Despite this, as you can see, I picked one unrhymed poem for my list. I’ve loved “Song” by Rich ever since I saw it in a literature class. I can’t remember whether it was assigned or just in the book, but it’s stuck with me for decades.

All right, looking to see what the Book Riot post actually picks …

Oh, The Highwayman! Yes, I love that one, but I hate highwayman’s mad ride to death at the end. What good did that do anyone? The way the highwayman throws away Bess’ sacrifice makes me furious. I wouldn’t mind writing a retelling in prose form and giving it a different ending, perhaps not happy, but not one that wastes her courage.

Here’s Loreena McKinnett’s version of The Highwayman. I love this, even though I still dislike the plot of the story.

Here’s her version of The Lady of Shalott, which I also love — more than The Highwayman, because although this is a tragic ending, it’s not the same kind of pointless tragedy.

Okay, Crossing the Bar makes an appearance on this post. That’s nice to see, though not surprising; it’s so famous.

The Road Not Taken, of course.

Oh, here’s If by Kipling. I should have thought of that one.

Because I Could Not Stop for Death. It’s a great poem, no doubt. I like it, but I got somewhat tired of it while it was being assigned in one class after another.

This is a pretty good list, really. Many famous poems, plus a couple I’m not familiar with. I do like most of the selections. I must confess, I’ve never especially liked sonnets. These are familiar, and yep, I still wouldn’t pick them.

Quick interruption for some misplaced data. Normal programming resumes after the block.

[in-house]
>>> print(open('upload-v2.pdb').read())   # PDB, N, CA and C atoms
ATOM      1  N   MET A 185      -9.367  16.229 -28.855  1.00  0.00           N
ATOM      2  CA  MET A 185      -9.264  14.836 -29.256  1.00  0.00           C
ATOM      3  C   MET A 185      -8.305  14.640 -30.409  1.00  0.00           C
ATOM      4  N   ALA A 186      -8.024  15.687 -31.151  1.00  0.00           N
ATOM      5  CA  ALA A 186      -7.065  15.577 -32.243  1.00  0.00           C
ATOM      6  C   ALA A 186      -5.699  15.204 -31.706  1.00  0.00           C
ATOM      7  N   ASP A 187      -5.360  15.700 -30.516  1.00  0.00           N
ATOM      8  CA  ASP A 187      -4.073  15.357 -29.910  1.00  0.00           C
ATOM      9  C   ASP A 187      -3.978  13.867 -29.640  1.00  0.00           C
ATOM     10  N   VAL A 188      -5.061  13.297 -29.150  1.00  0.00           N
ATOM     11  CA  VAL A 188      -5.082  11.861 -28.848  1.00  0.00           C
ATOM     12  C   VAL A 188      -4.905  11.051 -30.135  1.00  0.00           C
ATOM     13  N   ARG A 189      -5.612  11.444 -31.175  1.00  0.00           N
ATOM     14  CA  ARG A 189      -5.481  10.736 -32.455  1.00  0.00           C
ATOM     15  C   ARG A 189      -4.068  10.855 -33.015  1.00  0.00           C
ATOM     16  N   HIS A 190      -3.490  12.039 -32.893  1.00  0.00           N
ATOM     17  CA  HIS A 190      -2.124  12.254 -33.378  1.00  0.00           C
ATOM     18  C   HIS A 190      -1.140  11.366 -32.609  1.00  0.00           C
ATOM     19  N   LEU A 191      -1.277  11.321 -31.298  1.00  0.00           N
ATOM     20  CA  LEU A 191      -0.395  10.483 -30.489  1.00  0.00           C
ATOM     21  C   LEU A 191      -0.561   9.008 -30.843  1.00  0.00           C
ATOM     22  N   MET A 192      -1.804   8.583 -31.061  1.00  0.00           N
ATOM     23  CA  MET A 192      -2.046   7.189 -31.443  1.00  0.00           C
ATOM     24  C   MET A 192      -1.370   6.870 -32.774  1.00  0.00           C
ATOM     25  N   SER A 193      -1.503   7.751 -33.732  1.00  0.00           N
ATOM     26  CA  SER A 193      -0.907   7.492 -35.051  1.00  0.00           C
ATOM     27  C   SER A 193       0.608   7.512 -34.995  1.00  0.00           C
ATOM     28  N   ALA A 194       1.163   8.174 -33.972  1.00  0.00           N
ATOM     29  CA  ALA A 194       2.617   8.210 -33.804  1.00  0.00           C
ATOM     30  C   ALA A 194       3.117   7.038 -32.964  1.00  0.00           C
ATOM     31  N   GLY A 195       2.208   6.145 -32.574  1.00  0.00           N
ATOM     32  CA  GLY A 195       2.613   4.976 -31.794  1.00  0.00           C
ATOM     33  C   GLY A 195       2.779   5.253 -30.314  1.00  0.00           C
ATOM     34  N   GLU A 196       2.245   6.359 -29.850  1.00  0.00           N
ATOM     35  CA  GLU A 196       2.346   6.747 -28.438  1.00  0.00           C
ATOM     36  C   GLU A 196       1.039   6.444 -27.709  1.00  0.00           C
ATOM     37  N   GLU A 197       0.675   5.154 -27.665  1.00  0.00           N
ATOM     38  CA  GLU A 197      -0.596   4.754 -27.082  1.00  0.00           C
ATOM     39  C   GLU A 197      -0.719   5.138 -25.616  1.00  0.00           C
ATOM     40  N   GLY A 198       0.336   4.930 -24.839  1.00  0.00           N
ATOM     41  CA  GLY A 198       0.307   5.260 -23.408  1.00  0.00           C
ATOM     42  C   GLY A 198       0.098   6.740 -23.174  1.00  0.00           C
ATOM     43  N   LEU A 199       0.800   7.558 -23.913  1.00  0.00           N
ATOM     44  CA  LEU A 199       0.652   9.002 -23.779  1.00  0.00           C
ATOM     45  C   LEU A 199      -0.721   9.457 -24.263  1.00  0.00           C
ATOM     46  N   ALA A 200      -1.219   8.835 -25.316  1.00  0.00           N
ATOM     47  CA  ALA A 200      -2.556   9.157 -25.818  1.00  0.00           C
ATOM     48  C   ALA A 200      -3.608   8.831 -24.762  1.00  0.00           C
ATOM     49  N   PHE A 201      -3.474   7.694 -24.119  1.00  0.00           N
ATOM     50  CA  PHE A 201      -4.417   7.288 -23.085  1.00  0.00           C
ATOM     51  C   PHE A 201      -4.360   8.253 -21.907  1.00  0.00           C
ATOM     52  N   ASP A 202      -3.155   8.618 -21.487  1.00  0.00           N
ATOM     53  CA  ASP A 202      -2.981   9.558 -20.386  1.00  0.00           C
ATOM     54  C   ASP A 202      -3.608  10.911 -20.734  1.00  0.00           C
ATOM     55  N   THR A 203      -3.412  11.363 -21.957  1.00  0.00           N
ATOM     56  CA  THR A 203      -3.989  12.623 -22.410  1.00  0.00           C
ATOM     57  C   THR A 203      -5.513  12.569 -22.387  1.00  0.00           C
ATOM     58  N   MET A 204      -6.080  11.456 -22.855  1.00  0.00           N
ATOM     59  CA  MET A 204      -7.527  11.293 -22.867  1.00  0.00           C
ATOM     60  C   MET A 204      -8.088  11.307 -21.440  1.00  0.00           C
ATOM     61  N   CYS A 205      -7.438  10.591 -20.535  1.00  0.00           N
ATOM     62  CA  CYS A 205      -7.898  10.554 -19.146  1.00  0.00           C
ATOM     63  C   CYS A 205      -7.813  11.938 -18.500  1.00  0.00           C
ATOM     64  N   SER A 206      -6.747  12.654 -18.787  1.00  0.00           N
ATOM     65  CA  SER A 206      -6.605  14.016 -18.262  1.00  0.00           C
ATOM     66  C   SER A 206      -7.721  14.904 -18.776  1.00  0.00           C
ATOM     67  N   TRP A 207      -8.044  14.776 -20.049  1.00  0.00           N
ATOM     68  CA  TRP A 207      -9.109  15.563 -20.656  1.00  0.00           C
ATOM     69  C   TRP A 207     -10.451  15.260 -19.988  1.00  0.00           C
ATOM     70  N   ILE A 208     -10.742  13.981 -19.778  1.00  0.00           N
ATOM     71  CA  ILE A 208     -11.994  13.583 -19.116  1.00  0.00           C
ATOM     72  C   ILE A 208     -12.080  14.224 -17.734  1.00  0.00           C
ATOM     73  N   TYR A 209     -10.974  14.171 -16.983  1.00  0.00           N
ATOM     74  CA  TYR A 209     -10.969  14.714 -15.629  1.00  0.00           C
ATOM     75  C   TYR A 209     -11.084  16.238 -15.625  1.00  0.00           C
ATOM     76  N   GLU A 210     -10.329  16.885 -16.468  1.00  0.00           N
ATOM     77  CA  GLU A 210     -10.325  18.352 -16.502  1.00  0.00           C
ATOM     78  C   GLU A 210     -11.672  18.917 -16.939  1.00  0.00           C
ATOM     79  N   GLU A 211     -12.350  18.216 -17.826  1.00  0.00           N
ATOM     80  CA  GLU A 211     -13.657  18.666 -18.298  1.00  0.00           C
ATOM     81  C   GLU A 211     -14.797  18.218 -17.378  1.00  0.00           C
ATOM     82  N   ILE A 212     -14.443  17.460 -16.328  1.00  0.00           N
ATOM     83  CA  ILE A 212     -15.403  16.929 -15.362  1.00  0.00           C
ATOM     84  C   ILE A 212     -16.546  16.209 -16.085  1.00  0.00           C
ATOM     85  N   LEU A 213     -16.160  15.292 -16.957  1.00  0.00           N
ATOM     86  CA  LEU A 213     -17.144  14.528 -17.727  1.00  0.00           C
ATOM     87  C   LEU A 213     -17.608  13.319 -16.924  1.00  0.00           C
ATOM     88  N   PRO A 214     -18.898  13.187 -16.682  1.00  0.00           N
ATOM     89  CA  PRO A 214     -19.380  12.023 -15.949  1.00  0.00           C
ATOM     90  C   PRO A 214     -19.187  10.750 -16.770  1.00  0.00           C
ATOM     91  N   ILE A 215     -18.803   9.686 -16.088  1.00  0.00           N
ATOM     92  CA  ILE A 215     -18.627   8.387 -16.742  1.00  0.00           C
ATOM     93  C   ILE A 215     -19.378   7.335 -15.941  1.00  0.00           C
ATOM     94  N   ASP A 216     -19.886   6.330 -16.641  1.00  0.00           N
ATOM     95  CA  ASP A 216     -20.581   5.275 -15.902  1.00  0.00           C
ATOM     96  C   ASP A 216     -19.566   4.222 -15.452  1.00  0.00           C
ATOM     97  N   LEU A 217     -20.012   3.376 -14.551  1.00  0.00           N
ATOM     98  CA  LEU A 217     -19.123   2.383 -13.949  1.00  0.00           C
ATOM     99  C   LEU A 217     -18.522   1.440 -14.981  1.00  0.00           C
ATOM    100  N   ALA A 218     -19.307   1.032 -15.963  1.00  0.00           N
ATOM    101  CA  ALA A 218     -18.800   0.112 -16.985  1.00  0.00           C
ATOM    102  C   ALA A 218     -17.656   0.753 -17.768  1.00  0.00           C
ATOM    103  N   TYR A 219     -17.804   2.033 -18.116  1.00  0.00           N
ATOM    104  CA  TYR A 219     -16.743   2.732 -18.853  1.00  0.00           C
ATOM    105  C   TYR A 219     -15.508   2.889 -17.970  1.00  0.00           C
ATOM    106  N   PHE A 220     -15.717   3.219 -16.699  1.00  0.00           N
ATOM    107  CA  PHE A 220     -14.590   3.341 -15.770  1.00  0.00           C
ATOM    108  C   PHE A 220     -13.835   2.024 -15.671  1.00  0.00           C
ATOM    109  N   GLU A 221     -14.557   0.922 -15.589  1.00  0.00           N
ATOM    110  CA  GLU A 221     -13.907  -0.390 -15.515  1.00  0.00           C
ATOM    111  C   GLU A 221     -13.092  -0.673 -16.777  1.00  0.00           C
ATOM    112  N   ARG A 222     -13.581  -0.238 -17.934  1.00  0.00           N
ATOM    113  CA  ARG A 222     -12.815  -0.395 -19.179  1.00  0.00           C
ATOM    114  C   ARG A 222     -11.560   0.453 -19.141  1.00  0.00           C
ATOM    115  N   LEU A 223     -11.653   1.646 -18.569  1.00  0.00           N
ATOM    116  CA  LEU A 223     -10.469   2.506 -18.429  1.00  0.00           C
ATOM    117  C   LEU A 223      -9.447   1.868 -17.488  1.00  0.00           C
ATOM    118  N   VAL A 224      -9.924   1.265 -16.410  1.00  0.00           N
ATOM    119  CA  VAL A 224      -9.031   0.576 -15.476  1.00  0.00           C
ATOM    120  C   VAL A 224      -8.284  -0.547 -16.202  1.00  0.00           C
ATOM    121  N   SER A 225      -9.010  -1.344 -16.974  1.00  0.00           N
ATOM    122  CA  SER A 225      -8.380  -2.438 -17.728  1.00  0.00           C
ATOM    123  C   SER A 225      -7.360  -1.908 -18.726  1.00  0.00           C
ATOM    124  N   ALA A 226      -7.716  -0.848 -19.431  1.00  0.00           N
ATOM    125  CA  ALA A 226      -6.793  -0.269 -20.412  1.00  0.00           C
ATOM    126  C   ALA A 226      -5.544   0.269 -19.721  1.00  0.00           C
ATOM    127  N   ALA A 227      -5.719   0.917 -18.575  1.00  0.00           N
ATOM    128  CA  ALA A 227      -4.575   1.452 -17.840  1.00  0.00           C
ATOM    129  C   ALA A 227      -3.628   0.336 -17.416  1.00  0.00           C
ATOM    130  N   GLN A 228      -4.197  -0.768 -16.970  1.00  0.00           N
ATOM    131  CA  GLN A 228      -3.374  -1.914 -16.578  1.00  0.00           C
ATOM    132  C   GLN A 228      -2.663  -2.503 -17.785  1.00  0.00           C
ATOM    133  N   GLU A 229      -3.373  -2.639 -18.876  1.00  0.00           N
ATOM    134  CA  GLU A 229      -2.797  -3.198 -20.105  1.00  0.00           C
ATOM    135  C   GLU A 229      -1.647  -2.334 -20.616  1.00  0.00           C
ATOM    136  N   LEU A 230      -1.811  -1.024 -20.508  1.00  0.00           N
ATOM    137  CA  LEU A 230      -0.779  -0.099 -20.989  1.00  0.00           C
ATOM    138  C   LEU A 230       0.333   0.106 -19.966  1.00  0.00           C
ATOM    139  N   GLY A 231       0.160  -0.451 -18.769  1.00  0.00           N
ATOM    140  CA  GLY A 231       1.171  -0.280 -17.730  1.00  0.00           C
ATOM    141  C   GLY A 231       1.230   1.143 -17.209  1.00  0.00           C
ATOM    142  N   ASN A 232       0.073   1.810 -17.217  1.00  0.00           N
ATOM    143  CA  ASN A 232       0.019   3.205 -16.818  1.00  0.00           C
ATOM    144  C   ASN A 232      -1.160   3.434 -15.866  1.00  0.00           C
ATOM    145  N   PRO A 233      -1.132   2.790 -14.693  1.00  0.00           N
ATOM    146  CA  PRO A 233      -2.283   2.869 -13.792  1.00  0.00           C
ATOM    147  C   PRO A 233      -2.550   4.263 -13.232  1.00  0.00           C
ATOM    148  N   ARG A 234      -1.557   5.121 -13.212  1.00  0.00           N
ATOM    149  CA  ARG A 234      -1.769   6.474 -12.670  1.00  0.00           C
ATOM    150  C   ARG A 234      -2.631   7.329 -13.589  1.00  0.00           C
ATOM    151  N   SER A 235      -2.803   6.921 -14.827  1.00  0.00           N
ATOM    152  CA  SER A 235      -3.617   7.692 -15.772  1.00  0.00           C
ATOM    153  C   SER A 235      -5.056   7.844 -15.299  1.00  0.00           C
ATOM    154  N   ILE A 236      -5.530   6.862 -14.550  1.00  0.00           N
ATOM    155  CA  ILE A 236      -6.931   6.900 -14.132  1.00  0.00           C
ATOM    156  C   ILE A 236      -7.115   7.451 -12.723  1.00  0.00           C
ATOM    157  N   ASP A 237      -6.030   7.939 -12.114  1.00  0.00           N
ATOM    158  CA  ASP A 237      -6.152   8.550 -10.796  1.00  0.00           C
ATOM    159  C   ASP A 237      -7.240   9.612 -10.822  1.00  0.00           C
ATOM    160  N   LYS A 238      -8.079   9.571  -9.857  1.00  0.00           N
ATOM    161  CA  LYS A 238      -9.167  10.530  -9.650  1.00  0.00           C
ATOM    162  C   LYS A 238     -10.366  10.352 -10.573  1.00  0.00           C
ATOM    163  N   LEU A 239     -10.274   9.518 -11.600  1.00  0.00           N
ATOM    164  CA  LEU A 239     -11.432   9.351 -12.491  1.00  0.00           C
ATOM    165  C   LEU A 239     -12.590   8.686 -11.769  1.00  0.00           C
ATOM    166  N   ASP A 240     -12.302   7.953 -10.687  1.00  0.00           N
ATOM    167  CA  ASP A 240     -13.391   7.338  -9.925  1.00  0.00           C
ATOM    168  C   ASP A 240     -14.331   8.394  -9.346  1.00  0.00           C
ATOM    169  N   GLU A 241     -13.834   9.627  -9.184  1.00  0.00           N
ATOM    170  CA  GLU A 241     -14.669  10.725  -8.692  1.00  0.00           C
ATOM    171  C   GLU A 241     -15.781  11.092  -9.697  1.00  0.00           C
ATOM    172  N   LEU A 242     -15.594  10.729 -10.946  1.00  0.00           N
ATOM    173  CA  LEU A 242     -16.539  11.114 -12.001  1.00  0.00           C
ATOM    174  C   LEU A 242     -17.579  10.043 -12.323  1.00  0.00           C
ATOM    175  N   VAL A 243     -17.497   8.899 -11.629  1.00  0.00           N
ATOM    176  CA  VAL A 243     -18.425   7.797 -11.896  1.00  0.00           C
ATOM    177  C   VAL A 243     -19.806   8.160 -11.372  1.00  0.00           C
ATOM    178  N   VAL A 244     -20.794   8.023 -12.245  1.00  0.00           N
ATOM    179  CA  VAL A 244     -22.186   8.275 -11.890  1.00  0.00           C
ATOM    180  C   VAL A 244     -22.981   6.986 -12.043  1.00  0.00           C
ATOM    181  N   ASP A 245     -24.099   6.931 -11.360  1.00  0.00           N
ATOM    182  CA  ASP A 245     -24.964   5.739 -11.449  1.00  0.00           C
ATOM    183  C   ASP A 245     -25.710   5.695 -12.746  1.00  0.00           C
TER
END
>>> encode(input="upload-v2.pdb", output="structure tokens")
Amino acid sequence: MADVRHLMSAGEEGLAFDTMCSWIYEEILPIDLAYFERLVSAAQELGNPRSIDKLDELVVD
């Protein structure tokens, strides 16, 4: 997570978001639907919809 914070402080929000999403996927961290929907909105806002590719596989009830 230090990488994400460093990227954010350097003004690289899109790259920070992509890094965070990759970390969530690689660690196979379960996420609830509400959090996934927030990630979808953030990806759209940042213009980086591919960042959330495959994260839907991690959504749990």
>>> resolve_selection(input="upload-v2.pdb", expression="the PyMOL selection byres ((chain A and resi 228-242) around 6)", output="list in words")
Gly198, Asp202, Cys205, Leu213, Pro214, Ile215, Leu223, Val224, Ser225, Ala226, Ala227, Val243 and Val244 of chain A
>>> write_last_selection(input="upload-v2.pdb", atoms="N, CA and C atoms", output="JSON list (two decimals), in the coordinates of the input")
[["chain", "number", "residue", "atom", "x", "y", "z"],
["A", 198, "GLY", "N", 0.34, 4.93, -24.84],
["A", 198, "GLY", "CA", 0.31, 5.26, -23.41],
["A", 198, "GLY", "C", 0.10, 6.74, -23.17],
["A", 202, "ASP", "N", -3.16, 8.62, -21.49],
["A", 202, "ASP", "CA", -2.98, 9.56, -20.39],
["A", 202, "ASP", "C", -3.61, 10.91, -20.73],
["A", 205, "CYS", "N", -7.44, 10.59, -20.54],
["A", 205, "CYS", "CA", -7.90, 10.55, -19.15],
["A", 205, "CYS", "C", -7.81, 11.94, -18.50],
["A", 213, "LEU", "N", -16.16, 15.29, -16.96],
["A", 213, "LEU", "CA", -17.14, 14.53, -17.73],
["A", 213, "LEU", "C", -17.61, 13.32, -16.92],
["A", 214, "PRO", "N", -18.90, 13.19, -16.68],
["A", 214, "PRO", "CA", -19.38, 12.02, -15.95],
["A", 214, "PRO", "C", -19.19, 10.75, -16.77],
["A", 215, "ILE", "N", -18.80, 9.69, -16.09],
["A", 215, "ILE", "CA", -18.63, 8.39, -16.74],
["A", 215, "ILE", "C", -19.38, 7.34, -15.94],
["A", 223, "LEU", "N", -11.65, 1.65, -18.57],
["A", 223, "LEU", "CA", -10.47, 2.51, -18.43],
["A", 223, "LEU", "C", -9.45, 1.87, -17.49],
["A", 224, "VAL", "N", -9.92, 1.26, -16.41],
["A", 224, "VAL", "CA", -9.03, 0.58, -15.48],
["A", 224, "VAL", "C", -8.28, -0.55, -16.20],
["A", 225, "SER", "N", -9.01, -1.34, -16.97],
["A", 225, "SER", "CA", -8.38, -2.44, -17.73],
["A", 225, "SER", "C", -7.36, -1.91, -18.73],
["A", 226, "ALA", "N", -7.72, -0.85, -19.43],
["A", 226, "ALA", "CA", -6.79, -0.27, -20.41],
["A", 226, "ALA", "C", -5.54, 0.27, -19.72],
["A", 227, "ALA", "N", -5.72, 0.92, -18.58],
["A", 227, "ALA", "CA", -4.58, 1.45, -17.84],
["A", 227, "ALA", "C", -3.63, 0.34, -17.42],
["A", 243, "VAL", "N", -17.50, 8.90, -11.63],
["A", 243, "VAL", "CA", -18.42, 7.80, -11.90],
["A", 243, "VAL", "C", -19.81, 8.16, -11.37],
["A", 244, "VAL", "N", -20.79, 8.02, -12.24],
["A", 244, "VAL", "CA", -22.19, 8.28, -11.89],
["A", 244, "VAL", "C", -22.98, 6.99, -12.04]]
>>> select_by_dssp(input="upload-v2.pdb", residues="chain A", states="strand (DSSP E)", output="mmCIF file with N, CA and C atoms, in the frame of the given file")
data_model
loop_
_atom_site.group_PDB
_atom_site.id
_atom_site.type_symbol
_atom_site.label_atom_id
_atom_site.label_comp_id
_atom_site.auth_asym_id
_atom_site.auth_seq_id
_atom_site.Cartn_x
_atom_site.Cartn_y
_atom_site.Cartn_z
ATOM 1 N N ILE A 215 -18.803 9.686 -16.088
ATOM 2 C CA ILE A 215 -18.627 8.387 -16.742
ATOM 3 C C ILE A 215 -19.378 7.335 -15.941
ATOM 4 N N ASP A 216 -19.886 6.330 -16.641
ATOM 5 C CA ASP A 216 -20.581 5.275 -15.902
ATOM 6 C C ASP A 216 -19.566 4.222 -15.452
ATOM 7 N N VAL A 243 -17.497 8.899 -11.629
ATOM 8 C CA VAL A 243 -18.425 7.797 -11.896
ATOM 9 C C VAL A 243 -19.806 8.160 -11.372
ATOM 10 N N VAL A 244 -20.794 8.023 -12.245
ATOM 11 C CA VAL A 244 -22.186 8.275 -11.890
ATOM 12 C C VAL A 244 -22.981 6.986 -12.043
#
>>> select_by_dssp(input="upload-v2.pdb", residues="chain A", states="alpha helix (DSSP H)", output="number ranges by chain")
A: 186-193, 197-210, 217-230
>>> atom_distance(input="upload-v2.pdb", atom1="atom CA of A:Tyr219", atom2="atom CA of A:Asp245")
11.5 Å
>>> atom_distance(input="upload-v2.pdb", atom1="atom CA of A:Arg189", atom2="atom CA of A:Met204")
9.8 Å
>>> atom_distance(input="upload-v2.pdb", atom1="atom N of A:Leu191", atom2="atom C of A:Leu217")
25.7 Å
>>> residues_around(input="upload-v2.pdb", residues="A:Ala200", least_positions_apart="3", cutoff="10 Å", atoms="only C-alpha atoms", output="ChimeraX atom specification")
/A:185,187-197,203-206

If you were going to put a poem on a “best ever” list, what would it be?

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13 thoughts on “Most Famous Poems”

  1. For famous, iconic poems, what about “my candle burns at both ends”?

    I’m partial to that Commercial Break – Roadrunner, Uneasy by Tim Seibles, and “Terrence, This is Stupid Stuff”, particularly for the part about “and malt does more than milton can to justify god’s ways to man”.

  2. Yes, John Donne. Yes, the red wheelbarrow. I was a big fan of ‘My Galley Charged With Forgetfulness’ in college (Wyatt) but looking back it’s a little dramatic, not really top ten. I still like Frost’s ‘The Silken Tent’ though is he being sincere or ironic?

  3. On that plum poem, nope, nada, didn’t know it till sometime in the last 20 or so years, and think it’s forgettable. Certainly can’t quote it. Can’t identify the wheelbarrow one.

    When I was in a community chorus we sang some John Donne, which is where I really noticed his vocabulary, (you can’t skim over words when you’re singing) but I’m not sure it was good poetry. Some of it seemed awfully flat and strained, even set to music..

    Quite fond of the Highwayman, which I mostly memorized without trying – it just sticks. Same with The Raven. Yes on Ozymandius and some Browning, but I can’t dredge up the titles. Sea Fever by Masefield and Crossing the Bar by Tennyson, soem of the Idylls of the King by him, and also as a pair Tennyson’s The Charge of THe LIght Brigade and Kiplings’ sequel Last of the Light Brigade. Yeah, the Kipling is making a point. So?